You know that scene in Matilda where the Trunchbull catches Bruce Bogtrotter eating a piece of her chocolate cake, so she forces him to eat a completely unreasonable amount of cake in front of the whole school, so everyone can watch him get really sick and regret his decision to want cake in the first place? I feel like that’s what CNN did to America.
NUMBER TWO: Like reason number one, but different. Wednesday night’s climate town hall was a critical conversation about the future of the country, but for many people across the country, it was inaccessible.
The average American cannot just watch television for 7 hours straight on a Wednesday night. They work. They have kids. Even if they could, lots of people don’t have cable. And unlike regular, Democratic National Committee-sanctioned debates, Wednesday’s climate town hall was not easy to stream for free online. It was essentially pay-walled, available only to those of us with lots of time and flexibility (and in my case, a dope neighborhood bar that blocked off a whole section for people to watch CNN).
NUMBER THREE: Bigger picture. The whole reason this thing was seven hours and pay-walled and wildly inaccessible was because Democratic National Committee Chairman Tom Perez refused to hold climate change debate, and refused to allow Democratic presidential candidates to participate in non-DNC debates. So if we wanted all the candidates to talk substantively about climate at one event, this was the only option we had.
And yes—in some ways, CNN’s town hall was probably better than a debate, since the candidates actually had the time and space to speak substantively on this complex issue. But the way I see it, its success only highlighted the DNC’s failure. Perez said climate change was a single issue, like abortion, immigration, transportation, or the economy—that’s why there couldn’t be a climate debate, because he’d have to allow debates on all those other single issues. But literally every one of those issues was touched on in CNN’s town hall. And that’s because climate change is not a single issue. It is every single issue.
It really pisses me off that the Democratic Party establishment still doesn’t seem to get that.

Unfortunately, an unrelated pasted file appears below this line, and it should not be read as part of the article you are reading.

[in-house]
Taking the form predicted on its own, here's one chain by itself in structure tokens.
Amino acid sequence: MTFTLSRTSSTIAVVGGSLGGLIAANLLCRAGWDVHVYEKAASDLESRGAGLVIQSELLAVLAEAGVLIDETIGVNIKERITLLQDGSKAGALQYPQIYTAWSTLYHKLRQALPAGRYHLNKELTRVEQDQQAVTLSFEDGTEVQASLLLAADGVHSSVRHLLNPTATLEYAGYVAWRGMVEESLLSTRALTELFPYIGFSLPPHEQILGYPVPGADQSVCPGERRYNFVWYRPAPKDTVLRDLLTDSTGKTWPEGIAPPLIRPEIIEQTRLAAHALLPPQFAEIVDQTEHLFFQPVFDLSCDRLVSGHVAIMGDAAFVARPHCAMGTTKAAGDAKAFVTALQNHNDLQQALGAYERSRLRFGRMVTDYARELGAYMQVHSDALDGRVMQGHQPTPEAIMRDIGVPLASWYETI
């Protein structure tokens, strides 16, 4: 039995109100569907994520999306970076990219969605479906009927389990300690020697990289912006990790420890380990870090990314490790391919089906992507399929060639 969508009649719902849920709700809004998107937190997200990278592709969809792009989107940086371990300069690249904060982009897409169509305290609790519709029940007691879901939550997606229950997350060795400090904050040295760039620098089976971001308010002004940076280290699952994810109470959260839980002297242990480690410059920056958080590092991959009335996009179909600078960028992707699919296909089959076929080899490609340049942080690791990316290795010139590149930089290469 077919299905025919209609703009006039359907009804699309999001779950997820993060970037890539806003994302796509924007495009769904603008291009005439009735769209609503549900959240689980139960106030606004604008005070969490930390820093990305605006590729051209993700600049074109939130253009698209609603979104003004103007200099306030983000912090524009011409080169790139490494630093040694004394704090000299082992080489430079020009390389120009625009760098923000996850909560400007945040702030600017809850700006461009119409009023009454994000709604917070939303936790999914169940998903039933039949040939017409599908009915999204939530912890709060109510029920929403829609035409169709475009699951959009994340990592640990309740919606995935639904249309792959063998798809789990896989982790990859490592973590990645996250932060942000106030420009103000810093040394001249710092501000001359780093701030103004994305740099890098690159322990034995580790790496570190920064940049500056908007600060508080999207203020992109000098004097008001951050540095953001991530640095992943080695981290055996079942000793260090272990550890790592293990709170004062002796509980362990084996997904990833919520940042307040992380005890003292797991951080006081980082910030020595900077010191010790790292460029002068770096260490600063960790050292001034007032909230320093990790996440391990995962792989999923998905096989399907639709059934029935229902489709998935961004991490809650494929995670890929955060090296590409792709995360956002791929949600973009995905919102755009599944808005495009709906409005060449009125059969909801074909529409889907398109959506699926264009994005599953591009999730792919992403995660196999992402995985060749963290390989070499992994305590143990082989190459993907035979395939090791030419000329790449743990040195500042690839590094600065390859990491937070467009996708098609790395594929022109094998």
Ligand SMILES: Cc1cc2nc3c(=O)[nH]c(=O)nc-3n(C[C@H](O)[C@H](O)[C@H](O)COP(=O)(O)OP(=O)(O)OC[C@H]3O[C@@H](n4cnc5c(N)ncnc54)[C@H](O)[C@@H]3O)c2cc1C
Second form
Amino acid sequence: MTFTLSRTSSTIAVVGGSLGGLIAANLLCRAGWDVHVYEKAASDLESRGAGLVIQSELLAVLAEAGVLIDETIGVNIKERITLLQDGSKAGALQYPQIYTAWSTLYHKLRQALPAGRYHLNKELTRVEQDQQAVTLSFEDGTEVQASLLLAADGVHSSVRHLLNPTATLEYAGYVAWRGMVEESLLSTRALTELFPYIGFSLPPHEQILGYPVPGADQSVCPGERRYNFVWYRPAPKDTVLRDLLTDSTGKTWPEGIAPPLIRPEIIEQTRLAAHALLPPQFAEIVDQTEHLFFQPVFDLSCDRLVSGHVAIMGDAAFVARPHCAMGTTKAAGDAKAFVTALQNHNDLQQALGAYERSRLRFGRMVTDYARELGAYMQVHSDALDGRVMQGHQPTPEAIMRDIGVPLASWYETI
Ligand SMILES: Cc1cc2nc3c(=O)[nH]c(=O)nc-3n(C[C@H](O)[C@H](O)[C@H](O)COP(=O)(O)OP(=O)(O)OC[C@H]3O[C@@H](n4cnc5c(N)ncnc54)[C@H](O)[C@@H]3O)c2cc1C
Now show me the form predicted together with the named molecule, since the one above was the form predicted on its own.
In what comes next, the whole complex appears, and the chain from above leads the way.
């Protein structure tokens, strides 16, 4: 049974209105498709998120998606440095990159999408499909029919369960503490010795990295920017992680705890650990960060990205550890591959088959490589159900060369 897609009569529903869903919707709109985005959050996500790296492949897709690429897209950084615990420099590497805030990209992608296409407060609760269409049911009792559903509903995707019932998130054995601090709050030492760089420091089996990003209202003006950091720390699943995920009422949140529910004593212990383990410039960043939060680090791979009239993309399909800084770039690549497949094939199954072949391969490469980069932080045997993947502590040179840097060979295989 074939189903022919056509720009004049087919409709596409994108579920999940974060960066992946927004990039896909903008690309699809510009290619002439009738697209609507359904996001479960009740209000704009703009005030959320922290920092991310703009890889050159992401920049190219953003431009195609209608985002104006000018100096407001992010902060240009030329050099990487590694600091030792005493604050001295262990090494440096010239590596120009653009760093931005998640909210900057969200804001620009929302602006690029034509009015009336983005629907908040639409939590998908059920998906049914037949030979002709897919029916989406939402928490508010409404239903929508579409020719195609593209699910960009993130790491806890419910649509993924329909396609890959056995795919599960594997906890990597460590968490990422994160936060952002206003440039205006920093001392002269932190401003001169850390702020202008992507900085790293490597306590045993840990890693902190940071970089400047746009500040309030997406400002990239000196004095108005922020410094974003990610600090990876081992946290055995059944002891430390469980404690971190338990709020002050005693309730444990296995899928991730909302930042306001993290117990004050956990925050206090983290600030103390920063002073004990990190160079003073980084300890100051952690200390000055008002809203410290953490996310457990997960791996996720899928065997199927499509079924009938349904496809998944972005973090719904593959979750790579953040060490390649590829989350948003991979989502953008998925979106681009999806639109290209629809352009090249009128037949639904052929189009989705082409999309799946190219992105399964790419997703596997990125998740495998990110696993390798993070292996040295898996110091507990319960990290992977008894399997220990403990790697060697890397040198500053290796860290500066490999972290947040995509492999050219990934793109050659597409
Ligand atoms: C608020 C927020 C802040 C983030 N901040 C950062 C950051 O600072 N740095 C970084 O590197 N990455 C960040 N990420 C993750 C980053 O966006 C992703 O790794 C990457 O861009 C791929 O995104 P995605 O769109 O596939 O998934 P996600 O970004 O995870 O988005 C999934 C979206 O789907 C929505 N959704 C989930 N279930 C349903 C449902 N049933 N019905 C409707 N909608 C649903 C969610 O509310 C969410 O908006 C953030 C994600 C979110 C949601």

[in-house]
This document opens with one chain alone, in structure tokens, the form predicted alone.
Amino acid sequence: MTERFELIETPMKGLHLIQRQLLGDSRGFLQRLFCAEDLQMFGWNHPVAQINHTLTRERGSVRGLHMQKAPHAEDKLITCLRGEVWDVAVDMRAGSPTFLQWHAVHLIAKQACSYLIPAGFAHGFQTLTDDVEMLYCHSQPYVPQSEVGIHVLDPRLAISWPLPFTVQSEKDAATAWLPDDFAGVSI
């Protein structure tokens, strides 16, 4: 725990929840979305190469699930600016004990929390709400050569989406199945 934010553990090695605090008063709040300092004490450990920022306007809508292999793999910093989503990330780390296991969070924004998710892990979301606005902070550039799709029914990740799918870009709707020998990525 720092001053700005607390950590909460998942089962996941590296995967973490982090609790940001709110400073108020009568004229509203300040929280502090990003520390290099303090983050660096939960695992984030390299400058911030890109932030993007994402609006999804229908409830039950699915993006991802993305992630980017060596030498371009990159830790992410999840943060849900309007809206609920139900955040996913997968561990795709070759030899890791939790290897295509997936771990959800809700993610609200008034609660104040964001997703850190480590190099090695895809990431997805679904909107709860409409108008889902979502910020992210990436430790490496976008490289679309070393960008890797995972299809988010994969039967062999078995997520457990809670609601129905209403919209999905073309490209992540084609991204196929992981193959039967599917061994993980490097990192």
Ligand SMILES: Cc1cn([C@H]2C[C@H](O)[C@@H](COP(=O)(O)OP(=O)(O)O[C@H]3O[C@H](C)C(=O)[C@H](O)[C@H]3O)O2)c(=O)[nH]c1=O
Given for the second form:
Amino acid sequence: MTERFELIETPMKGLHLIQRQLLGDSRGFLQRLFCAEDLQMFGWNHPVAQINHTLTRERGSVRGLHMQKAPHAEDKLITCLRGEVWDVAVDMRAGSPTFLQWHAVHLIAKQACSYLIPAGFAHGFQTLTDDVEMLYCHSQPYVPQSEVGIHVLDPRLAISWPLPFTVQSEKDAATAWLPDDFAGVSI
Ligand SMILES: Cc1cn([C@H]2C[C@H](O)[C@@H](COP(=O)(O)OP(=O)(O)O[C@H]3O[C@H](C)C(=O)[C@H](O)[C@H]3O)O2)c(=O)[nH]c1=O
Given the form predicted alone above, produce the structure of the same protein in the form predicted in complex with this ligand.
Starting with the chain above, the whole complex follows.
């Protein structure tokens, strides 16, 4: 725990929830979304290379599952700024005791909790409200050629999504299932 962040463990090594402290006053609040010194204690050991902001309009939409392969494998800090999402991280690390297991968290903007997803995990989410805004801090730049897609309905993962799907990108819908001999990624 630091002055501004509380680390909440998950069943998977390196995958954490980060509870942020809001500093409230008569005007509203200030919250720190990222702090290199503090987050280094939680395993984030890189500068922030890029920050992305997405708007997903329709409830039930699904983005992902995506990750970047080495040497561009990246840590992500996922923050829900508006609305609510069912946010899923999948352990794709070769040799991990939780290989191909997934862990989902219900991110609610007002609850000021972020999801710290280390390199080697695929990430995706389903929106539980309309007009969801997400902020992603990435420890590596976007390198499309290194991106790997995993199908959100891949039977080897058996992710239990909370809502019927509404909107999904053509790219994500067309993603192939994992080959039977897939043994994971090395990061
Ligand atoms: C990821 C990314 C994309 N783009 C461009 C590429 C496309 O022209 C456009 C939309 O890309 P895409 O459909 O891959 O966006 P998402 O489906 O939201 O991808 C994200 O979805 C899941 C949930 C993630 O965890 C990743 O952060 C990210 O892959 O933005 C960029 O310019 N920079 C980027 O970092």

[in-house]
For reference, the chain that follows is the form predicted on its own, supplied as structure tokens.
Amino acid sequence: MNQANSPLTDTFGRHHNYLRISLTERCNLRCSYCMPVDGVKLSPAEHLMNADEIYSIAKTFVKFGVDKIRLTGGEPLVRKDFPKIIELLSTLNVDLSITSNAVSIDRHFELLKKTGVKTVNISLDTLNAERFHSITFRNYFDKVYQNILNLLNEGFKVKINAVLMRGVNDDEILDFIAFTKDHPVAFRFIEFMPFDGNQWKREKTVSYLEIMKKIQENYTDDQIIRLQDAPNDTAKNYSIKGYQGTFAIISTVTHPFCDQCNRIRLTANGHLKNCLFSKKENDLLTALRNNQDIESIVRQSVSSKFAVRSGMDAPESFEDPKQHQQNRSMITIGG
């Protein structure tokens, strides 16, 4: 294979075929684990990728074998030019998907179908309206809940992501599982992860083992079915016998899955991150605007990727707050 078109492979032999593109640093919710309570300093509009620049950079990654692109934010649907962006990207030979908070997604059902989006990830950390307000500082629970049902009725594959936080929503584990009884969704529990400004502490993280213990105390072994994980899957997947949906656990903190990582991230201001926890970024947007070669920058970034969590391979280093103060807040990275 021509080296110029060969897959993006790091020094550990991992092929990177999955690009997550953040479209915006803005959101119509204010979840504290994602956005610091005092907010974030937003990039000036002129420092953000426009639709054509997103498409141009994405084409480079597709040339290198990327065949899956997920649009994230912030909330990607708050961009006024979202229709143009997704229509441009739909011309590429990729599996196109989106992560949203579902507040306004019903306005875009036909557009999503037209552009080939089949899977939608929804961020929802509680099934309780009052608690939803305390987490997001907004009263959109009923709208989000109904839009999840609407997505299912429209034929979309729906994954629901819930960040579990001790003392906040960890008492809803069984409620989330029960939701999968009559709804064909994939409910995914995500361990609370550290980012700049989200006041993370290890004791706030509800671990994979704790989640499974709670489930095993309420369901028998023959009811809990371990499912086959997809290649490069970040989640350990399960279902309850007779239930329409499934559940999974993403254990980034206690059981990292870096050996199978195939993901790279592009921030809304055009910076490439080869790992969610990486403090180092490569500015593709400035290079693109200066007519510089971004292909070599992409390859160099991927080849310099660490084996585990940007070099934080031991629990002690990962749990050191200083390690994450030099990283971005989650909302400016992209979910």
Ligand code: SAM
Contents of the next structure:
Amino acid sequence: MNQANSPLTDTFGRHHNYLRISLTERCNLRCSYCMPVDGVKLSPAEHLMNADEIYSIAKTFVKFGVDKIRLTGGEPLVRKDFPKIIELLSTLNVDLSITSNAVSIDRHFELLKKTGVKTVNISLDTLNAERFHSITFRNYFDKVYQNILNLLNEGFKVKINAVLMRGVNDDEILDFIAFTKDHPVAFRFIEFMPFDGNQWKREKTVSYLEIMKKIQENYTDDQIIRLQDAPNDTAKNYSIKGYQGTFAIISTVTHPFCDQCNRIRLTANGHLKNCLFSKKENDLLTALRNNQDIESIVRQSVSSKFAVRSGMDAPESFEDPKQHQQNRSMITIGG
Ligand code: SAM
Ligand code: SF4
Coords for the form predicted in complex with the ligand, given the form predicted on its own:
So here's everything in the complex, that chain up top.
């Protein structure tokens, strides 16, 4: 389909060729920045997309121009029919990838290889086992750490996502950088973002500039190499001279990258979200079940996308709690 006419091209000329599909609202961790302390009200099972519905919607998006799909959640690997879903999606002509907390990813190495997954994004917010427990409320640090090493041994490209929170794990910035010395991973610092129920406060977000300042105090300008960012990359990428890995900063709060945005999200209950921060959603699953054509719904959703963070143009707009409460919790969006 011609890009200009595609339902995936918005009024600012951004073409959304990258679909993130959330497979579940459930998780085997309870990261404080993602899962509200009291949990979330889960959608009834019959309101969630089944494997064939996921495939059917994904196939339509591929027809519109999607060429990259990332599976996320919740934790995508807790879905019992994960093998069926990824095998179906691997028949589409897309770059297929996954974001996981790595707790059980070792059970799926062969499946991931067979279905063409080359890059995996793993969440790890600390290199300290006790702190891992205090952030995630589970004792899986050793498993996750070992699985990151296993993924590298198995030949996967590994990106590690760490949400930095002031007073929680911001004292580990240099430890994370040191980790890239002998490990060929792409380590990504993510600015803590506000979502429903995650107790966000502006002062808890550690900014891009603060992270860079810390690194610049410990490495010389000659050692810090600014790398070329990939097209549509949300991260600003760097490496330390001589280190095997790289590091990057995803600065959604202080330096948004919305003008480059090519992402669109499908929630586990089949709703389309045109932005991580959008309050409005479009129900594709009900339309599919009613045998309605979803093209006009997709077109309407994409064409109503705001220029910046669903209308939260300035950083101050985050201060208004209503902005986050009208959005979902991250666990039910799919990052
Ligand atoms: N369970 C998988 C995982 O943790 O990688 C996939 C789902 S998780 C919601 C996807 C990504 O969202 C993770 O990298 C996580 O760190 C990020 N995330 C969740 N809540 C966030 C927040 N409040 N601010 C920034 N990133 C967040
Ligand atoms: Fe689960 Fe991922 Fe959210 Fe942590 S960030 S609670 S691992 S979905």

NUMBER FOUR: Over the course of seven hours and many signs of progress, the CNN climate crisis town hall contained so many reminders about how the fossil fuel industry continues to distort the climate conversation today.
Those reminders came in the form of all the questions that focused on whether candidates would take things away from Americans—whether they would ban hamburgers; whether their policies would force people to change their light bulbs; whether they would rip plastic straws from the mouths of babes.
I could explain why those kinds of questions reflect fossil fuel industry talking points. But I don’t have to, because Elizabeth Warren did:
This is exactly what the fossil fuel industry hopes we’re all talking about. … They want to be able to stir up a lot of controversy around your light bulbs, around your straws, and around your cheeseburgers. When 70 percent of the pollution, of the carbon that we’re throwing into the air, comes from three industries. …
And why don’t we focus there? It’s corruption! Its these giant corporations that keep hiring the PR firms so we don’t look at who’s still making the big bucks off polluting our earth. And the time for that is past. We have a chance, a chance left in 2020 to turn this around. But we are running out of time on this one.
For what it’s worth, that line made the crowd watching CNN at my neighborhood bar last night burst into applause.
OK, that’s all for now—thanks so much for reading the pre-launch bonus issue of HEATED! If you liked it, hated it, or want to pitch me a story idea, let me know at firstname.lastname@example.org. Otherwise, I’ll see you guys for the official launch on September 9th.